Just a few ideas of the topics they could study:
But why study the science of all those foods? What’s the use? Let’s look at some examples of what a food scientist may do!
For food to be safe to eat, you need to define for how long you can keep it. Food scientists help determine this ‘shelf life’.
An example: grated cheese. You’d need to know which microorganisms grow on the cheese. Whether the color or flavor changes during storage, etc. Which packaging material is most suitable. Then, you can recommend a shelf life!
When things go wrong when making food, especially on a large scale, food scientists can come in to troubleshoot!
Why did the caramel not turn brown? Why is the consistency off?
Once you understand the science of your food and its processes, you can start looking for answers.
We wouldn’t want people to become sick when eating food! Food scientists help ensure food is safe to eat.
Knowing which microorganisms might be in a food, or which chemical contaminants can be a hazard is crucial here.
Making tasty, stable, safe, healthy food is a challenge right up a food scientist’s alley! To develop a new product you need to be creative, but also understand how the ingredients work and interact and know how to manufacture this at scale!
Making 1000 vs 1 liter of maple syrup requires different equipment and processes. This is where food scientists can come in, using their food engineering skills!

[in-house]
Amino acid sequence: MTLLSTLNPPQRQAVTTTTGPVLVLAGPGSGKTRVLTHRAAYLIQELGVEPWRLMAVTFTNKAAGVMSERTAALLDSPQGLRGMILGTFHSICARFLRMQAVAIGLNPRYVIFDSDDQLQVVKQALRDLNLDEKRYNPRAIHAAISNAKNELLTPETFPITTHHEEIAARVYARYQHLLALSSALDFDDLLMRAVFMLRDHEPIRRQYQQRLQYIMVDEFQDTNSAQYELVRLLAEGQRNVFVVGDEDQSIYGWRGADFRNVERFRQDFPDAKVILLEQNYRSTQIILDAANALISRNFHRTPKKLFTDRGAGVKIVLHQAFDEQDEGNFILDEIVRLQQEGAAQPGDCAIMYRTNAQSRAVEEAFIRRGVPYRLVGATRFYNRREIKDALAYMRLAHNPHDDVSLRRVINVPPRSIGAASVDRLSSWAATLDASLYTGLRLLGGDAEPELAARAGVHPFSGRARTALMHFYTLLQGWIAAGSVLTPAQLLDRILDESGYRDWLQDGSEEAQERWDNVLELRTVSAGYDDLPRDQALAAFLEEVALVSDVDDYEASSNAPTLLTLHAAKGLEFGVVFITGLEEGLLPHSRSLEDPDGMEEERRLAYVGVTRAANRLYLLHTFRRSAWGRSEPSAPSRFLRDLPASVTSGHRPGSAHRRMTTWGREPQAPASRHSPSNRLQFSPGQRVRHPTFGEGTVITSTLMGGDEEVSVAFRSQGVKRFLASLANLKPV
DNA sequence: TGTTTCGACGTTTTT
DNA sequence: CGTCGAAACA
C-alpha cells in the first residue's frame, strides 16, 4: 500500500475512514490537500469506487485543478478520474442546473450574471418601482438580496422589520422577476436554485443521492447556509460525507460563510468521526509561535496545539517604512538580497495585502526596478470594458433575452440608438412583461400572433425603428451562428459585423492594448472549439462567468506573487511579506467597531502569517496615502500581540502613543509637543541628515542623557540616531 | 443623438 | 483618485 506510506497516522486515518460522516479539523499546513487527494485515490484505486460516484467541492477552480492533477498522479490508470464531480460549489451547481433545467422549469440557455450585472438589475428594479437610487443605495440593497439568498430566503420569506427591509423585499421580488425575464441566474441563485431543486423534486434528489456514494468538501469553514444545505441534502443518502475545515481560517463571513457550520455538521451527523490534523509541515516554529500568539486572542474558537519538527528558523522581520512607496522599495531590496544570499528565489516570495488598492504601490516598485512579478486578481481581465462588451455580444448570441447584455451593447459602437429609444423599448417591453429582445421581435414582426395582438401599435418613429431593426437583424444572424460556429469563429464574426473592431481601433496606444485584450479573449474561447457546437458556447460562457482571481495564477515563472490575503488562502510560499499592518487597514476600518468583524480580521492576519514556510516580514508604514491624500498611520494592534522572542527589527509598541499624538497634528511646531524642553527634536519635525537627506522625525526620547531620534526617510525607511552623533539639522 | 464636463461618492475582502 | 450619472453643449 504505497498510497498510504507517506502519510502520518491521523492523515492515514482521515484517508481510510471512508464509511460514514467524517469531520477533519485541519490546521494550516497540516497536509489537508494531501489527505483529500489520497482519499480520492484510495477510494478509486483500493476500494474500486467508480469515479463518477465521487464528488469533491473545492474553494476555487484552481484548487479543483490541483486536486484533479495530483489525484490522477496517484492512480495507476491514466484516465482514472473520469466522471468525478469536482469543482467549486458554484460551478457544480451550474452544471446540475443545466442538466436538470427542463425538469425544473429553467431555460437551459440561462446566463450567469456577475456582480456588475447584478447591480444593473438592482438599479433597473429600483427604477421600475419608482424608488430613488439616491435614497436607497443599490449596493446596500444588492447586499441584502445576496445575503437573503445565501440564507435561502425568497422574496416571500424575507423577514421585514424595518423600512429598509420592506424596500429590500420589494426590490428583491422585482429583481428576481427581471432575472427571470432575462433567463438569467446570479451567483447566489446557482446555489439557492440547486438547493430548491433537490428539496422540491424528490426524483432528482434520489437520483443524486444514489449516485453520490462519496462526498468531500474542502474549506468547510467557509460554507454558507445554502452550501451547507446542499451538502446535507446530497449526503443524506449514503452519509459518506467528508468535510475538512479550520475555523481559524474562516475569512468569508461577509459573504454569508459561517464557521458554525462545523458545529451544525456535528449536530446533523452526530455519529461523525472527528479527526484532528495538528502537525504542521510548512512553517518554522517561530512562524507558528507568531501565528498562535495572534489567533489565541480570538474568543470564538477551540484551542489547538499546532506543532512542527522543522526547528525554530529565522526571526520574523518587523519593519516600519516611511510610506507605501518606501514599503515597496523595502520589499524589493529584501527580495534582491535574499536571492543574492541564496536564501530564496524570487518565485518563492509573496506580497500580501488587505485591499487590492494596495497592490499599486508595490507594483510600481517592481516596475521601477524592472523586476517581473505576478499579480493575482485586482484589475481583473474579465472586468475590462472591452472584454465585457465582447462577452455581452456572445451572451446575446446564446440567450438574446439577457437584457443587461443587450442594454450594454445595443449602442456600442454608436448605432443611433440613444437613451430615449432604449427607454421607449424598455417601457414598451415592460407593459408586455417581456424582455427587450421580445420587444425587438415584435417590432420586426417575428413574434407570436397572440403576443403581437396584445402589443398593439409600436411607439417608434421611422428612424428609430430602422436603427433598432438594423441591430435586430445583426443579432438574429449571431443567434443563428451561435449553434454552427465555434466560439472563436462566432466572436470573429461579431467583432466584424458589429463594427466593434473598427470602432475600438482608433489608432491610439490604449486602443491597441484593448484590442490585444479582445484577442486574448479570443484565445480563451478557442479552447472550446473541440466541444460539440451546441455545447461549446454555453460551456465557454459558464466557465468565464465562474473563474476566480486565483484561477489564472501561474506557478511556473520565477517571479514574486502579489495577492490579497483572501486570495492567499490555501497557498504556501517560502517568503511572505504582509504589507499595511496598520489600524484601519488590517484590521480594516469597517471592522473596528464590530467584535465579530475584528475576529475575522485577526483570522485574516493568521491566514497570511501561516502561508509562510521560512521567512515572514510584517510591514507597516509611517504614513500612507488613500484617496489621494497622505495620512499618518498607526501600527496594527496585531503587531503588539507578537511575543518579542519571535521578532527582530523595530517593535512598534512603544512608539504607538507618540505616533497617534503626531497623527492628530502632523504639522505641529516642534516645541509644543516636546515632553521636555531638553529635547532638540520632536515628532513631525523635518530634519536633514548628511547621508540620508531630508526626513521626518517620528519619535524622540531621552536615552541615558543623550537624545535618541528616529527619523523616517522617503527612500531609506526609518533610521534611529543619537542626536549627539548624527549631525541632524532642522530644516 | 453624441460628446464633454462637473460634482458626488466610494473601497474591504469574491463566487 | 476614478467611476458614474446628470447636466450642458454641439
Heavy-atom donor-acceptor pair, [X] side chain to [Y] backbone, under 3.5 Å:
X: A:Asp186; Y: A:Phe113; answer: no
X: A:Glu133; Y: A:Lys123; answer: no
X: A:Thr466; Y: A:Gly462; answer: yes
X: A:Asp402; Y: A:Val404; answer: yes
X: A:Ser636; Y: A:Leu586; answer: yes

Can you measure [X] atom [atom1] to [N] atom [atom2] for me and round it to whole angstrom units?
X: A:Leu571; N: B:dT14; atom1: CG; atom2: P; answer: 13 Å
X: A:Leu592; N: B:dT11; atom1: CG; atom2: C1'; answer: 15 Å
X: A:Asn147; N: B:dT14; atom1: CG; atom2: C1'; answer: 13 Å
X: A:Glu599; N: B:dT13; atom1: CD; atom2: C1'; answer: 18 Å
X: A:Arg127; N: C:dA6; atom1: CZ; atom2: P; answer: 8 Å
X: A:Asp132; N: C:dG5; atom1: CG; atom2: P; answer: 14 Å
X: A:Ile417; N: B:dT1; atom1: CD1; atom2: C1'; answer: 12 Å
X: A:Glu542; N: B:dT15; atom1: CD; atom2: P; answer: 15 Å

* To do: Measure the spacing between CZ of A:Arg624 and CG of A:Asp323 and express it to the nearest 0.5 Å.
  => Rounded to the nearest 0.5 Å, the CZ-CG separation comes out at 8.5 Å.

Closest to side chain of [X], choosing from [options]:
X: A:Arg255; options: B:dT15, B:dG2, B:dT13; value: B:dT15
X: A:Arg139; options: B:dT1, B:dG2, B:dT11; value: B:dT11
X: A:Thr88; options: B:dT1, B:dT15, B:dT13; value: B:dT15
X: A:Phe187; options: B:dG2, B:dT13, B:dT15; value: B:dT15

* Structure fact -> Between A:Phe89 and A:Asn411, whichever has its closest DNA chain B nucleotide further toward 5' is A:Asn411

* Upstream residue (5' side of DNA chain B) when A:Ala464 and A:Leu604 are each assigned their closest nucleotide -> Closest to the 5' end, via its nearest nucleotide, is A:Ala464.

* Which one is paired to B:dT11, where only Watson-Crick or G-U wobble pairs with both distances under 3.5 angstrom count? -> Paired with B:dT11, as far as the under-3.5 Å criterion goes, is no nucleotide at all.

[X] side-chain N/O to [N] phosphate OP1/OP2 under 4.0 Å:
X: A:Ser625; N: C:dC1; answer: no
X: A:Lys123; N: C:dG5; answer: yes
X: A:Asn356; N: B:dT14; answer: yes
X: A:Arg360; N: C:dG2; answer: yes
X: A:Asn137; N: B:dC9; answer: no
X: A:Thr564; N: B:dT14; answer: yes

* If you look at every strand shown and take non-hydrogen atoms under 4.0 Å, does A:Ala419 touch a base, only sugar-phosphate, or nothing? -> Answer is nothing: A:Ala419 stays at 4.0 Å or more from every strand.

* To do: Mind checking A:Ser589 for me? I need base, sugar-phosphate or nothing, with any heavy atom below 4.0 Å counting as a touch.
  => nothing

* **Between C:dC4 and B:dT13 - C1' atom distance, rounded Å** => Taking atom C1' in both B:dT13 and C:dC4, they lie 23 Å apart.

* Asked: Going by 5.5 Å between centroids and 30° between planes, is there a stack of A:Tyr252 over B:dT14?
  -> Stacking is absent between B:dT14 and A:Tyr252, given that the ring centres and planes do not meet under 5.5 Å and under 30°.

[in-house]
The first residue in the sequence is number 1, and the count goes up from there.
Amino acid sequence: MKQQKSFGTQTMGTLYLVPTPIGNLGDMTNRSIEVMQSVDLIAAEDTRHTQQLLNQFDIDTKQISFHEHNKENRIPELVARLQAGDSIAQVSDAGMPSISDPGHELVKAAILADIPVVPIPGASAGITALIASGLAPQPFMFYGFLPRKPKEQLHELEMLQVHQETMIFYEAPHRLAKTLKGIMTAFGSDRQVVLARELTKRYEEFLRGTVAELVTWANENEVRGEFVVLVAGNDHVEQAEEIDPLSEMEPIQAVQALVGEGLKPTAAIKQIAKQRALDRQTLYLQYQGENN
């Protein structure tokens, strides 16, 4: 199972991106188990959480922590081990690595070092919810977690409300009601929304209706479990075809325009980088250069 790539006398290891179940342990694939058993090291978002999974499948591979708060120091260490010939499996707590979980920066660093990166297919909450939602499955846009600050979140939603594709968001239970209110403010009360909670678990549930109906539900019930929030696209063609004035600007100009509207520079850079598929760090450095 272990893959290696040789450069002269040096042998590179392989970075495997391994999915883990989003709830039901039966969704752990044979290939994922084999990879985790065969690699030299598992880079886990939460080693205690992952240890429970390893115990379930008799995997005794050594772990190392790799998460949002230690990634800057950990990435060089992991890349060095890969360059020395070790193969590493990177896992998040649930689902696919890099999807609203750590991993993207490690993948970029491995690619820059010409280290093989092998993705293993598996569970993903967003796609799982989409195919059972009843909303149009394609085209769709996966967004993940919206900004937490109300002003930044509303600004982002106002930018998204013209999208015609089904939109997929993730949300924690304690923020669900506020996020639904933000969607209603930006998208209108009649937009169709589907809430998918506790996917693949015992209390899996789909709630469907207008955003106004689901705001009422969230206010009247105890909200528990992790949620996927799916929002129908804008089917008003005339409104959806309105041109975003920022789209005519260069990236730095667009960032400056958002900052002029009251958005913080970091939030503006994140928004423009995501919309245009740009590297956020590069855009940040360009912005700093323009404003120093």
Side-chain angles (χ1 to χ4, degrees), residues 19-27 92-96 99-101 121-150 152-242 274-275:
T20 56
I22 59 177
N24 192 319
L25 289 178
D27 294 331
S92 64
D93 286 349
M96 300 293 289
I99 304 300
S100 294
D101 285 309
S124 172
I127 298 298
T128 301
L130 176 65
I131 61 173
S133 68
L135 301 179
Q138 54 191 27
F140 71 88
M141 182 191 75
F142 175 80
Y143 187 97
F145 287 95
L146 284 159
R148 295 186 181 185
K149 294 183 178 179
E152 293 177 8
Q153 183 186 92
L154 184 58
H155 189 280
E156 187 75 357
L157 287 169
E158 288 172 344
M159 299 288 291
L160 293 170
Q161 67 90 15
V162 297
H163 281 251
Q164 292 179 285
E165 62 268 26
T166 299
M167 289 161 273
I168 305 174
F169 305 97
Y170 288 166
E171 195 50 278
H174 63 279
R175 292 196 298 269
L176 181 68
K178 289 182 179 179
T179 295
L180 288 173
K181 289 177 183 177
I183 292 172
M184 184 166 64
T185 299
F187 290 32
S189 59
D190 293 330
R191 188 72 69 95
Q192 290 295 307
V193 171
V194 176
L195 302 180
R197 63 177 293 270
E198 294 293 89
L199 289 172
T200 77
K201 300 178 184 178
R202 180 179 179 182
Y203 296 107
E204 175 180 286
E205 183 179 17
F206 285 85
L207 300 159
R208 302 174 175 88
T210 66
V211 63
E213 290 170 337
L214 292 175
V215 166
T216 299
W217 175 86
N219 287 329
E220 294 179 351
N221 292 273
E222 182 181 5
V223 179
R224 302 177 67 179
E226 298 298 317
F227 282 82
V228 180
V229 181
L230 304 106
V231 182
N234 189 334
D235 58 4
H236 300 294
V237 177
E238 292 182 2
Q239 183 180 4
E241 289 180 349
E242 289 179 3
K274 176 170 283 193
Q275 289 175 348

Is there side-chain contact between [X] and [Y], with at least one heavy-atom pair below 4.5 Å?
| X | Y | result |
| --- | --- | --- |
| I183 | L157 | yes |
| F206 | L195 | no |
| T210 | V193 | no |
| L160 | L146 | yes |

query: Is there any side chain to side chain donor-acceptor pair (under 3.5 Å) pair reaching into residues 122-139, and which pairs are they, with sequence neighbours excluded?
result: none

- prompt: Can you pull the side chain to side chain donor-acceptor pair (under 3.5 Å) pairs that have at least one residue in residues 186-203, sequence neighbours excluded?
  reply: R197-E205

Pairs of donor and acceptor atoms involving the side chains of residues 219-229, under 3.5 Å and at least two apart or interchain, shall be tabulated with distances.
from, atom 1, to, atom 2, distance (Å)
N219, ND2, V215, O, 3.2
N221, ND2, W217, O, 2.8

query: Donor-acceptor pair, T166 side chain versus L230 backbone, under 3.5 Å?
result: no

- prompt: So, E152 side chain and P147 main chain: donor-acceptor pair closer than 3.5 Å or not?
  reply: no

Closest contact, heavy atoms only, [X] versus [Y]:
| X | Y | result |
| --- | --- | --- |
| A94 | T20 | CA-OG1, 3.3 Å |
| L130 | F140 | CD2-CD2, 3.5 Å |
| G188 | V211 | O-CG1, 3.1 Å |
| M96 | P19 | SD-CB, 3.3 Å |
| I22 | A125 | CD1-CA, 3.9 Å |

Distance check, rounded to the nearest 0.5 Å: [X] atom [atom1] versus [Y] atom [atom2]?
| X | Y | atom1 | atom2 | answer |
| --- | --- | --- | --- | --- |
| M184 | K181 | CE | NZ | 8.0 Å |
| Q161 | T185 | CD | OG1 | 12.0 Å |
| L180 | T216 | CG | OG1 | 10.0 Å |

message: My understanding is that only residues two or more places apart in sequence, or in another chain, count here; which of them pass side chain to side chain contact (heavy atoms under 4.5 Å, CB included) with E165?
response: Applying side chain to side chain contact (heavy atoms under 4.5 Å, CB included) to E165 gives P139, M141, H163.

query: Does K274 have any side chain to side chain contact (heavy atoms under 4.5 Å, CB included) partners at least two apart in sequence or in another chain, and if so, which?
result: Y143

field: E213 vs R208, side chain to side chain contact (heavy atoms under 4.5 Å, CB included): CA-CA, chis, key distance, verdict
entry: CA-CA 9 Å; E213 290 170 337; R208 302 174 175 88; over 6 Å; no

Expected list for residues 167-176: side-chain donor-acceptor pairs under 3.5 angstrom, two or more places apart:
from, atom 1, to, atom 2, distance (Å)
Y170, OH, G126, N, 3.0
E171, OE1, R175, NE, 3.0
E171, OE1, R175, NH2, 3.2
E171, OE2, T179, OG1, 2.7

Everyone can learn more about the science of your food. If you work in food manufacturing, all the applications above are relevant. But also if you don’t work in food, there are plenty of good reasons to better understand how your food works!
The first and easiest option: make food and do experiments with it (read our guide here).
The second option: browse around the FoodCrumbles website to learn more about a wide range of topics.
Or, take a short course that doesn’t break the bank. Our food science courses provide you with a more structured and in-depth approach to learning about your food.
If you’re just getting started, you might want to start with our (free) Introduction to Food Science course.
Truly passionate about the field? Well, then you might want to consider studying food science at a university. There are many great programs out there!
Whichever route you take, hopefully FoodCrumbles can help you out!